Nursing faculty have been shown to have a deep sense of meaning and commitment to the discipline of nursing and the faculty members’ contributions to the future of the discipline (Disch et al., 2004). Yet the complexities of the faculty role, the salaries, and the workload have led many nursing faculty to experience lower job satisfaction. Job satisfaction has an inverse relationship to job stress in the nursing literature. A large-scale study administered by the NLN in conjunction with the Carnegie Foundation (Kaufman, 2007b) resulted in the participation of 8,498 nursing faculty in a Web-based survey (25% return rate). Excessive workload was reported by 44% of the participants. Even during school breaks and vacations, educators reported working 24 hours per week. The study also linked overwork to decreased retention.
The data are mixed regarding mentoring and job satisfaction among nurses. Mariani (2011) surveyed nurses in clinical practice, education, and administration (N = 173) using demographic questions and the Mariani Career Satisfaction Scale (alpha = 0.94). Results indicated no statistically significant difference between the mentored and nonmentored group of nurses on career satisfaction.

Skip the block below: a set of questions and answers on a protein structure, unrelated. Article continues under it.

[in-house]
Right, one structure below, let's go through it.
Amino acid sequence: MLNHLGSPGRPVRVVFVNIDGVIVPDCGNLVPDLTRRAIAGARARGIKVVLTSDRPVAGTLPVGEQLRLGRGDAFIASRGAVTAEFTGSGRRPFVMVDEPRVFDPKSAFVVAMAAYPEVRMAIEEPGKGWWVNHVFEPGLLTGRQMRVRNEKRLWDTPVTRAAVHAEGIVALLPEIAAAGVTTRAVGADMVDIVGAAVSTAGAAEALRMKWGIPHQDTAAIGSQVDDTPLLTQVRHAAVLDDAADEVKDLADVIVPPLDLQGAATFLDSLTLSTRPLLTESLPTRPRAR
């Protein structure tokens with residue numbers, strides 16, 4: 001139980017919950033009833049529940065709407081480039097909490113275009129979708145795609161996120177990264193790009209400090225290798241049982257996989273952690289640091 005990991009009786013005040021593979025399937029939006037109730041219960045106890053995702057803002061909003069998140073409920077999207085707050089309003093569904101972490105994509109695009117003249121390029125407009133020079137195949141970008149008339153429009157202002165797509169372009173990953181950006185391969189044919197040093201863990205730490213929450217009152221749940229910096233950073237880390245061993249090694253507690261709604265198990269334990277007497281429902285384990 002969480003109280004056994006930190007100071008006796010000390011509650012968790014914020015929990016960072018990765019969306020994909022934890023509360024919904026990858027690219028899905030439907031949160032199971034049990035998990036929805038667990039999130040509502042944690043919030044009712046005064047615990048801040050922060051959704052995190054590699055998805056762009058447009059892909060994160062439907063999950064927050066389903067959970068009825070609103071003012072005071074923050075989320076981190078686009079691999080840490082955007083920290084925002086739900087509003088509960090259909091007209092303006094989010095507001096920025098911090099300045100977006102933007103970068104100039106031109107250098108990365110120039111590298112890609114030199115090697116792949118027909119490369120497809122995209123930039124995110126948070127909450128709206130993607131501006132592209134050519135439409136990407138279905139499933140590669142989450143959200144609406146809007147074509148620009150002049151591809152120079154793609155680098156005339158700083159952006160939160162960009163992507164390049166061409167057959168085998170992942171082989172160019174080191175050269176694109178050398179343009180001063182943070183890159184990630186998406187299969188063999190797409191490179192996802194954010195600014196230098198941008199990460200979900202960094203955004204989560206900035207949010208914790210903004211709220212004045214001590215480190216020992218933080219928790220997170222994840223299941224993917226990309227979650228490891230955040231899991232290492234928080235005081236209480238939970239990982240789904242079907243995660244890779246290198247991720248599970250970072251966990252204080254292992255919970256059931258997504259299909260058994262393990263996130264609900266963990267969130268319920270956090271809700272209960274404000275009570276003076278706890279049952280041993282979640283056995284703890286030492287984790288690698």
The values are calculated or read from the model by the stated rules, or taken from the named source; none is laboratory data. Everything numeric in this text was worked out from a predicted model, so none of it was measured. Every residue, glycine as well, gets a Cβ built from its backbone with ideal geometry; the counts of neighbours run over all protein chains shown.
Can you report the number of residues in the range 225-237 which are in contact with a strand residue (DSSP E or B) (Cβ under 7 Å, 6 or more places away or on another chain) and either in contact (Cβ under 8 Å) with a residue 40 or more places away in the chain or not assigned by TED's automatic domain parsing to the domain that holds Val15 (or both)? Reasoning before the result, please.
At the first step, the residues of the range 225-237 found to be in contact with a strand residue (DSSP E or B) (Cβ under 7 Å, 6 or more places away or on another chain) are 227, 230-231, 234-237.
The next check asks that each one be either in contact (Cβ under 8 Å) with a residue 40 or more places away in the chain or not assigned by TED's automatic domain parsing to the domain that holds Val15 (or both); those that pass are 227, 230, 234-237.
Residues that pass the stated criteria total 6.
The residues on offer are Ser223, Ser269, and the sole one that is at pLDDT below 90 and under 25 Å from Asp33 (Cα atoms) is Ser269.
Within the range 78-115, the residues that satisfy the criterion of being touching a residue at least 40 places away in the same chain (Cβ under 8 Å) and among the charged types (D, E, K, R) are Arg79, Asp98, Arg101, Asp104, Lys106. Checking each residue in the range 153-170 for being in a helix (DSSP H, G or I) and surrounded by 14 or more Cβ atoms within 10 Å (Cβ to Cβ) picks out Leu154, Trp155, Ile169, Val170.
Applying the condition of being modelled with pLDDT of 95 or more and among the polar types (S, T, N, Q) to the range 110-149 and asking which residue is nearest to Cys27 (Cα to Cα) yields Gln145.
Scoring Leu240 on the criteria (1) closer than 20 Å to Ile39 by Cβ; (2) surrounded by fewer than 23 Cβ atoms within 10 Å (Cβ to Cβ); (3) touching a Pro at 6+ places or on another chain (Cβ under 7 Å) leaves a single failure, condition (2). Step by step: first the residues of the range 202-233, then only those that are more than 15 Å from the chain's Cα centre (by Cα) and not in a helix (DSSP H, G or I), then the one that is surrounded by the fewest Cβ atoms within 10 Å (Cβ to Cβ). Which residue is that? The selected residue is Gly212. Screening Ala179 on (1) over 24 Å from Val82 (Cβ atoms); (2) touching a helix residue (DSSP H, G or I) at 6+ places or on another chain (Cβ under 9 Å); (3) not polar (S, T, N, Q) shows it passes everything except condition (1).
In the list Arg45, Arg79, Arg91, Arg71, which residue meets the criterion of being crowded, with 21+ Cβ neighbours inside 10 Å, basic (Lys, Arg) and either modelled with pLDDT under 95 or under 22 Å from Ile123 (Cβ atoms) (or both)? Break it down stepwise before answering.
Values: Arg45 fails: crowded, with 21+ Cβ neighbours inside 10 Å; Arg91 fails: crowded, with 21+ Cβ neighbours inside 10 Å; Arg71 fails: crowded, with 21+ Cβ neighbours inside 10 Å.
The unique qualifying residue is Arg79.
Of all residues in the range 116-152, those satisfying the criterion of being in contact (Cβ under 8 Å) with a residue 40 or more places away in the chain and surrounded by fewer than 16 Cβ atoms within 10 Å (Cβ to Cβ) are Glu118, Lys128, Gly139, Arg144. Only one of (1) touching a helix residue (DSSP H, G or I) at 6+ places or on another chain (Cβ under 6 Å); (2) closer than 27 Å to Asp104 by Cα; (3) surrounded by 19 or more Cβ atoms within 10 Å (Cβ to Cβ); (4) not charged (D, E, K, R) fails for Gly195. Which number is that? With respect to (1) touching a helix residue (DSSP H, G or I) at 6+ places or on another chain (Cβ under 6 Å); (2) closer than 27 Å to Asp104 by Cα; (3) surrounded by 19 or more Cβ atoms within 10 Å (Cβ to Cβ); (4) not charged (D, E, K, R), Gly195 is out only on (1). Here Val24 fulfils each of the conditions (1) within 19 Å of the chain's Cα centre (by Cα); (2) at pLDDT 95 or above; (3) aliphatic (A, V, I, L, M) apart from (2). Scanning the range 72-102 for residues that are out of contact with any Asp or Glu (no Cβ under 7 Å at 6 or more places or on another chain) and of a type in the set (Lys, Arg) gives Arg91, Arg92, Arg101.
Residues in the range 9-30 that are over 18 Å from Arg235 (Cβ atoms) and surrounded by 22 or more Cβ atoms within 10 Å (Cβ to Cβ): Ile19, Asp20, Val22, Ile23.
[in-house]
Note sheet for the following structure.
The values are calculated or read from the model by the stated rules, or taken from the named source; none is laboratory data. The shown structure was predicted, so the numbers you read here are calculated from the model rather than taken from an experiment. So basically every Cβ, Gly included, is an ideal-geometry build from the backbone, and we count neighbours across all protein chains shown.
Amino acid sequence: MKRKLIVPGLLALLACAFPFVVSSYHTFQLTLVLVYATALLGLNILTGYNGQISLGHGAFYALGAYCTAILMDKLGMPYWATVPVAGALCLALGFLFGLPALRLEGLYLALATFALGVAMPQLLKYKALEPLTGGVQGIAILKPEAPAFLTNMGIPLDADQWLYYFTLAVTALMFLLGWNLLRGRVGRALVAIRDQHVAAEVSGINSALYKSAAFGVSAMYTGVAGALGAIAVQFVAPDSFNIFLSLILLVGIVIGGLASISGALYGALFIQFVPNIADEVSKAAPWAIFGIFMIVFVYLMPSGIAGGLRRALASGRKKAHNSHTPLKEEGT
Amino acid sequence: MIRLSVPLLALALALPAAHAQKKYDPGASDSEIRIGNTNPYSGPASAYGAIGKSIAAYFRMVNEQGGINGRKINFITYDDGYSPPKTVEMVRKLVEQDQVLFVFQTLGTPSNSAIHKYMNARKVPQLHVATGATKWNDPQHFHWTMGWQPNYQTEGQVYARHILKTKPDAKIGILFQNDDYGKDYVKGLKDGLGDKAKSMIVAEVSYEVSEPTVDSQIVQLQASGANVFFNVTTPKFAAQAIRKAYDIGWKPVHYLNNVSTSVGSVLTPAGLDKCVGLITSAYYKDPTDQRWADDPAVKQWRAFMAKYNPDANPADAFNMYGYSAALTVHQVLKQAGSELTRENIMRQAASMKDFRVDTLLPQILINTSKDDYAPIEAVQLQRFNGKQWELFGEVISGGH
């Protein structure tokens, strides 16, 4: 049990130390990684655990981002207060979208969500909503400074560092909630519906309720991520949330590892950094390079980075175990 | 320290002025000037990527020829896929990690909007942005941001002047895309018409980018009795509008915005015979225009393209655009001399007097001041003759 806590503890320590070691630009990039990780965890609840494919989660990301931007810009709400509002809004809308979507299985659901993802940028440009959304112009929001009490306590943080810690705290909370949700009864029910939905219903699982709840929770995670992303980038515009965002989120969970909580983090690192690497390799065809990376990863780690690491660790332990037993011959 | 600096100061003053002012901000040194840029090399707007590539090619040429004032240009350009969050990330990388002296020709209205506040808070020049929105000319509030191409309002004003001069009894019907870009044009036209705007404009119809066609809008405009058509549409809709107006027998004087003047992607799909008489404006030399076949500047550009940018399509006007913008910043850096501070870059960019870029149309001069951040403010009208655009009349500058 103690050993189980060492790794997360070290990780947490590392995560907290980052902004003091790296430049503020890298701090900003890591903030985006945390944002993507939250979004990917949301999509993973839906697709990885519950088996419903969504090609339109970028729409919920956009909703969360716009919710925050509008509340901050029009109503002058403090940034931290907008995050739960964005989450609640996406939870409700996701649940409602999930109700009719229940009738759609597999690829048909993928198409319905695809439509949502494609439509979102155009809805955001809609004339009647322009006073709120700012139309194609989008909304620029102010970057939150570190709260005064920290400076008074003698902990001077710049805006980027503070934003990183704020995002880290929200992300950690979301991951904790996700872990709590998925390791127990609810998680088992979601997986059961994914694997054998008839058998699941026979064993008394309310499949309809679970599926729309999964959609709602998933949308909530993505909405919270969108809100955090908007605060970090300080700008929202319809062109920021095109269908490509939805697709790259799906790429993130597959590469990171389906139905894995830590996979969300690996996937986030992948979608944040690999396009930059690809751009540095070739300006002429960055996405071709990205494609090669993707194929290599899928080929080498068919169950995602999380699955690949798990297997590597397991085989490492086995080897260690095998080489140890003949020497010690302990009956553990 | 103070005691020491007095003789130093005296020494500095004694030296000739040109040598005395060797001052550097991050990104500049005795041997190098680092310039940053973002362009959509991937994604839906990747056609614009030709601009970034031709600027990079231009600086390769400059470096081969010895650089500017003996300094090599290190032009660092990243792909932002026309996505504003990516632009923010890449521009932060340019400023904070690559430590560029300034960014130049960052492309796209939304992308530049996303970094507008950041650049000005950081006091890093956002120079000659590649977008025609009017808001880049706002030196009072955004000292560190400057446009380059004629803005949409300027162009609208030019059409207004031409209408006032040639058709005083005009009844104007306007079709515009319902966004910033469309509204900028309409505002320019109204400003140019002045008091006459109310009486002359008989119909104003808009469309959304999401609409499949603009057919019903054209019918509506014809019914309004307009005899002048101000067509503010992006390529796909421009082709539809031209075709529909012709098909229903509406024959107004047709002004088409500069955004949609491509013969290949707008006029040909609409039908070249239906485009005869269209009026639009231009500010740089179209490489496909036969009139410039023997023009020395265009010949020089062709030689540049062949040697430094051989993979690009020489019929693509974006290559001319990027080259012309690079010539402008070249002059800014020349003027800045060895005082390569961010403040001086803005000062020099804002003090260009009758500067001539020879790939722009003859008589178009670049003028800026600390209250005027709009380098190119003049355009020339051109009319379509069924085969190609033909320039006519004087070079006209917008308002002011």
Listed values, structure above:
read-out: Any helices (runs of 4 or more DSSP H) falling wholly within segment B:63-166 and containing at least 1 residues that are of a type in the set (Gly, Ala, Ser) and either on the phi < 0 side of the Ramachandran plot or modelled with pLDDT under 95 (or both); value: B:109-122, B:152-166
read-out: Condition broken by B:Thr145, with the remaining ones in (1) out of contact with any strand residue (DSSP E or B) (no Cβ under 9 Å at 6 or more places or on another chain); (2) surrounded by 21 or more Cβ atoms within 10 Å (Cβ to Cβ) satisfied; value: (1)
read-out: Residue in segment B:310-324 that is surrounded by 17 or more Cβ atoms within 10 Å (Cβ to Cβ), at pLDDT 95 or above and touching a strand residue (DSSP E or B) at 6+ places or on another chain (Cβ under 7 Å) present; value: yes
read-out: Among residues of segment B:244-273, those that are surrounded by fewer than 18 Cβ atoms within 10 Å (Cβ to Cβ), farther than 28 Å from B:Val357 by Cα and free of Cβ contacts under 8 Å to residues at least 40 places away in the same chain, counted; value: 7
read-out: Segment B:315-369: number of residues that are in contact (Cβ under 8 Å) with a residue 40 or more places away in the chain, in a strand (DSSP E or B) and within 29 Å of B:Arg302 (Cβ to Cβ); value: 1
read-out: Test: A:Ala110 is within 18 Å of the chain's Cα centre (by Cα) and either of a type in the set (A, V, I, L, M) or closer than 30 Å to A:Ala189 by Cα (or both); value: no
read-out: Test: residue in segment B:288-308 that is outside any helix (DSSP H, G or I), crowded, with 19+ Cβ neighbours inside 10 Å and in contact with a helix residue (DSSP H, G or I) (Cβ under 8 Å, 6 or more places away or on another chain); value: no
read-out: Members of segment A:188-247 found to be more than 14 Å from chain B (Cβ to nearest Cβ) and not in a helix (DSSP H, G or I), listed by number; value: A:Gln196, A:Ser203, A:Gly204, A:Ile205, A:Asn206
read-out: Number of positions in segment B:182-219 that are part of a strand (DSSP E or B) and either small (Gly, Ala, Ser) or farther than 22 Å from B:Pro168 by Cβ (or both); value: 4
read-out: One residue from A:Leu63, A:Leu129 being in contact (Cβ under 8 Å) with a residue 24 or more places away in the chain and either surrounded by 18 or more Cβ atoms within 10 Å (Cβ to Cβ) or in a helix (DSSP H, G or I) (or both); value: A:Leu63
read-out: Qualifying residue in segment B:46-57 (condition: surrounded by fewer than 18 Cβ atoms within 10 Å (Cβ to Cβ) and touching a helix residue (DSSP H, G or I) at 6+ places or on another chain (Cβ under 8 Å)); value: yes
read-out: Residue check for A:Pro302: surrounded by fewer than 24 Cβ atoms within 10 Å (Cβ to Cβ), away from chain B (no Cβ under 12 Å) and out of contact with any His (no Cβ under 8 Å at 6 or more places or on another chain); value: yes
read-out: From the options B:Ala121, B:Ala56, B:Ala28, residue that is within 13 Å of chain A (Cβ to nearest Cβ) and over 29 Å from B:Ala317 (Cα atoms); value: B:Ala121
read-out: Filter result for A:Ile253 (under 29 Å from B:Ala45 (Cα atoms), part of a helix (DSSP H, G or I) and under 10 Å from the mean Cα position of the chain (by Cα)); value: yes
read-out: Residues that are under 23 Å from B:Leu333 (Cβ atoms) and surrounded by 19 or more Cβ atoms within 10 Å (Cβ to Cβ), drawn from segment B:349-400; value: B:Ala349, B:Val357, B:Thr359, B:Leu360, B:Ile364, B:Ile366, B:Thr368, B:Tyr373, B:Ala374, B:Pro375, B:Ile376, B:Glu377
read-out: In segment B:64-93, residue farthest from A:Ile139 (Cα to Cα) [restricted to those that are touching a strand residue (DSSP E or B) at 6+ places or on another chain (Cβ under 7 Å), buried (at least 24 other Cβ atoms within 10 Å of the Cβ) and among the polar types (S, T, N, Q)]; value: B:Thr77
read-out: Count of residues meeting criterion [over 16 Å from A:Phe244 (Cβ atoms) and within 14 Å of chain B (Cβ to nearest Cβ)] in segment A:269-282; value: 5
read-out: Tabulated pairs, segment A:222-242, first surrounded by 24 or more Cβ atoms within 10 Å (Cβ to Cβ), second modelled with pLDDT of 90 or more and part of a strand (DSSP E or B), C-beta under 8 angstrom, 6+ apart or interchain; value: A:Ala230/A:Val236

The conceptual framework used four theories to provide understanding of the relationships among the study concepts. This eclectic conceptual framework draws on Gmelch’s stress theory (1993), the mentoring theory of Dreher and Ash (1990), Spreitzer’s psychological empowerment theory (1995b), and Herzberg’s job satisfaction theory (1966) as applied to nursing faculty. If an individual is unable to cope with workplace stressors, which are individually interpreted, he or she becomes unable to withstand further stressors (Gmelch, 1993). The result is illness, ineffectiveness, or burnout—negative effects that extend beyond the individual to influence the economy at large (Nash, 2010). The mentoring relationship can model positive coping strategies and give social support to assist with stress reduction (Kram, 1983; Kram & Hall, 1989). Modeled positive coping strategies give the mentee a feeling of increased competence, which also increases psychological empowerment and job satisfaction (Luna & Cullen, 1995). Therefore, the end result of participating in a mentoring relationship may be increased job satisfaction and retention. The conceptual model is pictured in Figure 1.